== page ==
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New Left Review 2, March-April 2000


Reflections on the difference between reading a novel for the first and for the second time. Proust, Mann, Joyce, Kafka—how do they stand the two tests of a fervent discovery and a cool deconstruction, and what is the relationship between the two?

MICHAEL MAAR

THE ORDEALS OF FIRE AND WATER

In the last week of his life Marcel Proust did something which baffles critics to this day. Only a decade ago, it was discovered that he deleted two-thirds of the typescript of Albertine Disparue. Although his intention remains unclear, there is one clue that suggests death interrupted him in the midst of a major revision. At the climax of this section of his work Proust lets the conclusion of a plot stand whose beginning is missing and had to be restored posthumously by his brother from the manuscript. The denouement is incomprehensible without the twists in the narrative that precede it; so Proust would have had either to reintegrate the twists or to cut the denouement. If we imagine that he had lived a little longer, and further assume that he would have taken the second course and suppressed both twists and resolution, there would have been a bang somewhere in the universe. For A la Recherche would have then lost what might be reckoned its last concession to human frailty: its only patent artistic flaw.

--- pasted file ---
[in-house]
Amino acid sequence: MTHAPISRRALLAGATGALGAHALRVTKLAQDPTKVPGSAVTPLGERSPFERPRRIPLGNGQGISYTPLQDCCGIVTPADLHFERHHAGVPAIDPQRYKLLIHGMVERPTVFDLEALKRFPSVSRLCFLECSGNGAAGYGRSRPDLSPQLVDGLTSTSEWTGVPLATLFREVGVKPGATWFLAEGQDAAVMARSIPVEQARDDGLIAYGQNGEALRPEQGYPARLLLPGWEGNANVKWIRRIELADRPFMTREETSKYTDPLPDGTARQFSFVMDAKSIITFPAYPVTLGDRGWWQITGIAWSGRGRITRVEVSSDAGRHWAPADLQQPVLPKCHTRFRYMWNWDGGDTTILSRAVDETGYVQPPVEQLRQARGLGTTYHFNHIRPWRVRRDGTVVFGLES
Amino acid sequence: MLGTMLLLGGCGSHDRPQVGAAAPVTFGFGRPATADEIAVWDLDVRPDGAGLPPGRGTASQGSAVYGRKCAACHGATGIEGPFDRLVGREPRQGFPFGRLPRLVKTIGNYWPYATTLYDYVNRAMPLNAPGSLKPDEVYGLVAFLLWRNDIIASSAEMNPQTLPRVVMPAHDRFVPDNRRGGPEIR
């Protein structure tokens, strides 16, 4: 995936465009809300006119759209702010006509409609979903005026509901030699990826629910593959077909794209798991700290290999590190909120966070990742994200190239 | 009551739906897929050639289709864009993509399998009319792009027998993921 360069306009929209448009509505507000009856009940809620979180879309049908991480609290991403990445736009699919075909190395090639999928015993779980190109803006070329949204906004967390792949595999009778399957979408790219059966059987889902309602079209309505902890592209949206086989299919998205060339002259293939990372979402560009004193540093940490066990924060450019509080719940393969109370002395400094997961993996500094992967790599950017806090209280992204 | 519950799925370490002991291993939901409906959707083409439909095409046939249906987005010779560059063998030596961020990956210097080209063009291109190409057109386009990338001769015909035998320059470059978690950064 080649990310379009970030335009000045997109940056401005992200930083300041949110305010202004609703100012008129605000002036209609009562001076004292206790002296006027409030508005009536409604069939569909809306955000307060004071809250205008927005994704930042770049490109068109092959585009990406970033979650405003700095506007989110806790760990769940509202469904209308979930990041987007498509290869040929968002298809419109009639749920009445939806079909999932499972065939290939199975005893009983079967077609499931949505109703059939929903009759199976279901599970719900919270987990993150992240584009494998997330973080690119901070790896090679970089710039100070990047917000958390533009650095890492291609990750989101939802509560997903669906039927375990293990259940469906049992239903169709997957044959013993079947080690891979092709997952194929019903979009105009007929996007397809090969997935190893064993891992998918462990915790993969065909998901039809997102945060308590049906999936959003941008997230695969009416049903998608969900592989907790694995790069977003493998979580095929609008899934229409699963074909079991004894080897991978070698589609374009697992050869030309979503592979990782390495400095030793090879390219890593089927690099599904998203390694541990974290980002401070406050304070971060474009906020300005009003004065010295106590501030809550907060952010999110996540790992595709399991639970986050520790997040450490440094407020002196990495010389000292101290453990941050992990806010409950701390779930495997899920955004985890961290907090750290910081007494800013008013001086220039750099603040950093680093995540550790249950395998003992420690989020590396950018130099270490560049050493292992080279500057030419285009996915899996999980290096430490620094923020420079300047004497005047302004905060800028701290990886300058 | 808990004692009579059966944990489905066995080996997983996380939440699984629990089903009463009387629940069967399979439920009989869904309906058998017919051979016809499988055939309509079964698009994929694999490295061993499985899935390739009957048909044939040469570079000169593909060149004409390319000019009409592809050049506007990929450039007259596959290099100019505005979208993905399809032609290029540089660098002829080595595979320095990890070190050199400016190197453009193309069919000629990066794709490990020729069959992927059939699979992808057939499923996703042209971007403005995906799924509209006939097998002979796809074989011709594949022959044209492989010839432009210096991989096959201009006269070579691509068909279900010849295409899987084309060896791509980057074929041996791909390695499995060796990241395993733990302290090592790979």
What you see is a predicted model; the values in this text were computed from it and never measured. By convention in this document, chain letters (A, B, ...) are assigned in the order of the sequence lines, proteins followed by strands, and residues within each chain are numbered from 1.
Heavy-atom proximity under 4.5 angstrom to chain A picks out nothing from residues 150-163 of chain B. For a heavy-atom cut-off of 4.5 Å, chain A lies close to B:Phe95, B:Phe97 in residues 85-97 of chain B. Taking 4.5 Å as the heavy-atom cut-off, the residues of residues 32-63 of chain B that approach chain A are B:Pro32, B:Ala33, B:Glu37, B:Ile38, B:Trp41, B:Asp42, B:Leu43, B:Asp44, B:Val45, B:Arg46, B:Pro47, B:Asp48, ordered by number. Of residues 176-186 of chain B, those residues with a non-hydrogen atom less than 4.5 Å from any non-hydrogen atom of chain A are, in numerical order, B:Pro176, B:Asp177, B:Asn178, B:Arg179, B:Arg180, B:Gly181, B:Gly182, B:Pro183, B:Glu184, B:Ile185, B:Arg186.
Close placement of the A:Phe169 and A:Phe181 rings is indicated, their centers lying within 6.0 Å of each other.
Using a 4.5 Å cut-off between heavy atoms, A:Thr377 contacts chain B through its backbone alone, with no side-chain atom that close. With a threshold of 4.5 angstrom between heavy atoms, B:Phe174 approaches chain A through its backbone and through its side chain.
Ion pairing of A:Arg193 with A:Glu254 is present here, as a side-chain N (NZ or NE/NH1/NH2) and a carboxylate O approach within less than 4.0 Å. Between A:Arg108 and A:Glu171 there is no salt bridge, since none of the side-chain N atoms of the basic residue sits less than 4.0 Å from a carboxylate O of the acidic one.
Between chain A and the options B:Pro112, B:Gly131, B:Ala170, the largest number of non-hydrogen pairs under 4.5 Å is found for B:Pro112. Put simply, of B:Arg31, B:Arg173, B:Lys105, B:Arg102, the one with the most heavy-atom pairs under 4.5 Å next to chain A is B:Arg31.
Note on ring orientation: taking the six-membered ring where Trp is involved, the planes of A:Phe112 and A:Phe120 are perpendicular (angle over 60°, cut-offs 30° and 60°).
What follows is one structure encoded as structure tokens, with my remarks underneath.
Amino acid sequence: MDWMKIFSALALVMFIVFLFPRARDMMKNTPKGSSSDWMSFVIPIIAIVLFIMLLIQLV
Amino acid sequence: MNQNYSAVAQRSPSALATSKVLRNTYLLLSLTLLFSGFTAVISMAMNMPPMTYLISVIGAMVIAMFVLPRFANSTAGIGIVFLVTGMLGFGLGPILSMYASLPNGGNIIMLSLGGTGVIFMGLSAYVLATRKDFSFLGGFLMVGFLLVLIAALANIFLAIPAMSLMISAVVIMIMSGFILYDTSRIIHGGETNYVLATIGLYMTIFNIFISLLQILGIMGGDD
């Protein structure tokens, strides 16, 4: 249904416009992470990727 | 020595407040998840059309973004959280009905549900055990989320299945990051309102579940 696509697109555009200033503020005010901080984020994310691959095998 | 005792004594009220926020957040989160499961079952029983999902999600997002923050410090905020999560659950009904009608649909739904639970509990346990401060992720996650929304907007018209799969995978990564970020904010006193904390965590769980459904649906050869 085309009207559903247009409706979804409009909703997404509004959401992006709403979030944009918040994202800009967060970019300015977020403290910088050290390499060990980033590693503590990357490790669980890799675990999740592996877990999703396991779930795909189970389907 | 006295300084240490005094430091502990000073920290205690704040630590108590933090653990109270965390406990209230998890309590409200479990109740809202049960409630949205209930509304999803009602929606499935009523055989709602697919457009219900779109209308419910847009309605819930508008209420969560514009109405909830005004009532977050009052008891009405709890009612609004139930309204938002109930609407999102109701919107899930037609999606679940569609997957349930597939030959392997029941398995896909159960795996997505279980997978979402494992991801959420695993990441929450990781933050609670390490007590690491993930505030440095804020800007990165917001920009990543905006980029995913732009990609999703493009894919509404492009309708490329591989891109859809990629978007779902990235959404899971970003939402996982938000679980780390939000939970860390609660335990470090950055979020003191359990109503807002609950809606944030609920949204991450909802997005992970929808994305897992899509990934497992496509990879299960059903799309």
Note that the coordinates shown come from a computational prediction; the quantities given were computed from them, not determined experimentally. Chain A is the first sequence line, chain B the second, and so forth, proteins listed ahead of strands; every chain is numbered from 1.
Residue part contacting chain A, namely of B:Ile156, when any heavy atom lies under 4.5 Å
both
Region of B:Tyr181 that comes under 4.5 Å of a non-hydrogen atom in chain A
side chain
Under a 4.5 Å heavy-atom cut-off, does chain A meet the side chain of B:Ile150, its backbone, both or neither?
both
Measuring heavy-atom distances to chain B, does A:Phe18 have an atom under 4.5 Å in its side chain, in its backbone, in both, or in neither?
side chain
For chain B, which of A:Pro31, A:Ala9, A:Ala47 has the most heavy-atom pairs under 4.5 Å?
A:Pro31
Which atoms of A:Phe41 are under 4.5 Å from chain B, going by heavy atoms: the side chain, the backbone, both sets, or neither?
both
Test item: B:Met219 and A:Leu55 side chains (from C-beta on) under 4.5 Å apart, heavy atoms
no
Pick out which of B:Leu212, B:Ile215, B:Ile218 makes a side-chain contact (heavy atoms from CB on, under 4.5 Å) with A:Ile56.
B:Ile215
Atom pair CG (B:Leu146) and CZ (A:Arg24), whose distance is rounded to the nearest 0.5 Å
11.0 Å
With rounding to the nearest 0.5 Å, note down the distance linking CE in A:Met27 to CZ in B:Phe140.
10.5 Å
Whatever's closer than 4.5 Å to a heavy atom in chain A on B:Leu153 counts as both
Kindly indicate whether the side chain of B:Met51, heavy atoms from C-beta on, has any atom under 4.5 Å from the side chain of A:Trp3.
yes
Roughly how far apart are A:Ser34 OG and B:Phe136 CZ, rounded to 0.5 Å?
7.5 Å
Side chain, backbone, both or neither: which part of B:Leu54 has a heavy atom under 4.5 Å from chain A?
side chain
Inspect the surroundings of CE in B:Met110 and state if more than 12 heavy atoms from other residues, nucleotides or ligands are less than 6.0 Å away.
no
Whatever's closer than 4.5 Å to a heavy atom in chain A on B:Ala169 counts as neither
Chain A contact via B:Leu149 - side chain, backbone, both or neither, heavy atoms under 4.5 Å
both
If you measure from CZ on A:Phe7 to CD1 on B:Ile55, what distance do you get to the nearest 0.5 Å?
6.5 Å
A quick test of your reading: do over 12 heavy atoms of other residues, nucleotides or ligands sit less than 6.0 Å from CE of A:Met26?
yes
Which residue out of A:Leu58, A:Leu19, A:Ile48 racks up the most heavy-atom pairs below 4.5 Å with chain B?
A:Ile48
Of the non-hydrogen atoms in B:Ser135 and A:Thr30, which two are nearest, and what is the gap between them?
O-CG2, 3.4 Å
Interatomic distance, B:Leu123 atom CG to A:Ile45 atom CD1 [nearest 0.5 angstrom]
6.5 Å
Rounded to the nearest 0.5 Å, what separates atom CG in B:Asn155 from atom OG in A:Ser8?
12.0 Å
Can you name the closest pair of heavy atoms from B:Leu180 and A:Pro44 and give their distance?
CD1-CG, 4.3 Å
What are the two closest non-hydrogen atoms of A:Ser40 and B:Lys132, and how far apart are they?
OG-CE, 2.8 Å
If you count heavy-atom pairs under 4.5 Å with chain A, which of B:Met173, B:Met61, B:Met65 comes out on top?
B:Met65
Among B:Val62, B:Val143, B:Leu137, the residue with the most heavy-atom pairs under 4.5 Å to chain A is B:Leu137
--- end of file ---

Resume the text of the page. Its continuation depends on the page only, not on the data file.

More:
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Michael Maar, ‘The Ordeals of Fire and Water’, NLR 2: £3
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